December 15, 2009
"Rush to Judgment"
Last Friday, in the Arab village of Yasuf, in Samaria, near the Jewish community of Tapuach, a mosque was vandalized.
News reports spoke of the fact of "mosque arson," but in point of fact the mosque wasn't torched. Korans and prayer rugs were burned, while the mosque was left in tact -- this fact visible from photos. Graffiti was written in Hebrew on the wall of the mosque: "Price tag -- Greetings from Effi." This is presumed to represent a radical group of "settlers" who have vowed to extract a price from the Arab population every time the Israeli government restricts development by Jews in Judea and Samaria. It is thus being assumed in many quarters that Jews did this in "revenge" for Netanyahu's building freeze.
Across Israel there have been condemnations of this act -- including by law enforcement officials and rabbis. The fact that they felt the need to condemn this passionately seems to indicate that they were assuming that it was likely Jews who did it. There were statements by law enforcement officials about how it's time to get tougher with the "extremists" in Judea and Samaria.
I believe that the assumption that "extremist" Jews did this IS a rush to judgment. There is a mind-set that tends to paint the "settlers" as bad, a danger to peace. This perception has been shaped by Arab and leftist PR and been assimilated to a large degree. And the assumption that Jews who live in Samaria set fire to a mosque fits right in with that.
If it turns out that Jews did do this, I will roundly condemn them. But I am not prepared to do so yet, for a host of reasons:
The law enforcement officials have come out full force in investigating this. But as I write, there is not only no suspect, but no lead. Clearly, they keep close tab on those Jews considered to be radical. That there is not even a "lead" after four days gives pause. The fact that there was an ostensible graffiti "signature" from a radical group does not, of course, mean that this group really did the vandalizing. As the Regional Council of Samaria pointed out, "Who would be stupid enough to leave a name?"
And there is more:
Reports I received today indicate that the mosque has already been cleaned up, so that a police investigation of the "scene of the crime" is impossible. (News reports did say that the PA was going to be doing the clean-up.) As it was, the damage was relatively minimal. Not destruction of a mosque, but of the accessories of prayer -- just enough destruction to make press and to make a fuss over.
Over a period of years, there have been accusations of Jewish "radicals" cutting down Arab olive trees, but on several occasions it turned out that Arabs themselves had cut down the trees to make Jews in the area look bad. Seems strange from our perspective, that they would damage their own property. But that's because we don't think as these Arabs do. The same thinking takes place in Gaza. Terrorists target the crossings from Israel into Gaza, making it necessary for Israel to close the crossings for a period. This means that the supplies don't get to the people. But that's OK, for it's more important to make Israel look bad for closing crossings.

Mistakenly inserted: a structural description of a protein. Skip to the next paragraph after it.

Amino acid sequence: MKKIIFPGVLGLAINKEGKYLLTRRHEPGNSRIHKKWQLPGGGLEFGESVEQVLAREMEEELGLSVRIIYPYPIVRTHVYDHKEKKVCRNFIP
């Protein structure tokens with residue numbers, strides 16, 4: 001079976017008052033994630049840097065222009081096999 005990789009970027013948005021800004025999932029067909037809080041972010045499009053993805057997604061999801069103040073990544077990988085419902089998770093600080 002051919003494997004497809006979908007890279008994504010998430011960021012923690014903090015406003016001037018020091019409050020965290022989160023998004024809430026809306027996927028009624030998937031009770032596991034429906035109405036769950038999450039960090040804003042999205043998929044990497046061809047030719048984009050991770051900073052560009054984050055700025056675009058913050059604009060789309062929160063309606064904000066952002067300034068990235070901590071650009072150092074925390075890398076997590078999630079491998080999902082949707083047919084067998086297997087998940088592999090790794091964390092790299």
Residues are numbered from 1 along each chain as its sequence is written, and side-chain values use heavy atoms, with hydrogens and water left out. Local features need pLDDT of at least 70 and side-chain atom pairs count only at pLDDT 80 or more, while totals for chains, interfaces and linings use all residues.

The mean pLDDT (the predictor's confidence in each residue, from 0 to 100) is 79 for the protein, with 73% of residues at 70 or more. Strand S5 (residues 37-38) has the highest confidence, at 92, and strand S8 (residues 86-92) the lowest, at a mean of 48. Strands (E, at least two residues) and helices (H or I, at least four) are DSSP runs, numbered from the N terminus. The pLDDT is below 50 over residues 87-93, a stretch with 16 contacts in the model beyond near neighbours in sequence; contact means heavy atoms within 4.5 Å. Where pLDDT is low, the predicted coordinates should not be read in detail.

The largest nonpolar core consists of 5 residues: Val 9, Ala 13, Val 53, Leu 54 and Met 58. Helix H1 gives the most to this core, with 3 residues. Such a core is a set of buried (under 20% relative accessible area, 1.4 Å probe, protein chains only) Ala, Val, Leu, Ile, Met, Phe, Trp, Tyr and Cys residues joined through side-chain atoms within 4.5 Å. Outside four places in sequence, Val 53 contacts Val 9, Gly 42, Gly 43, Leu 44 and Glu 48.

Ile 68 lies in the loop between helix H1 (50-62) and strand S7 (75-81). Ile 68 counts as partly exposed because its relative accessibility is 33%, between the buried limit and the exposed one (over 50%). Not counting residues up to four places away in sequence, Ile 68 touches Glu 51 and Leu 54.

Ponder this carefully.
The working assumption is that the mosque was vandalized by a radical Jewish group in "retaliation" for the government freeze. But the freeze wasn't just announced. It's a good couple of weeks old. So why now?
What is new is the priority map, which was just announced last week by Netanyahu. It indicates which communities will receive special attention. And guess what? A number of communities in Judea and Samaria were included (more follows on this below). How threatening to the Arabs who want to see us move back to the Green Line. Is it coincidence that the "arson" took place last Friday, just two days after the announcement?
When a contingent of rabbis from the Shomron (Samaria) tried to visit Yasuf, they were rebuffed. The residents there said these rabbis were radicals, or associated with radicals. I though this a little strange, as one of the rabbis was Rabbi Froman of Tekoa, who has a reputation of sustaining warm relationships with Arabs, and he had brought his Arabic-speaking son with him.
What did the Yasuf villagers say? That they need the land to be rid of "settlers." No peaceful co-existence. No acceptance of peaceful gestures. Get out.
I noted this carefully when it was said, and everyone else needs to note it, as well. The vandalized mosque potentially provides "evidence" for the world to see of why Jews should not live in Judea and Samaria.
Read the whole thing.
As she mentions above, if in fact Jews did vandalize the mosque, they will be condemned.
And as I already posted today, the reaction from Israel will be far different than the one from Palestinian leaders when Palestinian Arabs vandalize and destroy synagogues.
Technorati Tag: Israel and Gaza and Hamas and Operation Cast Lead.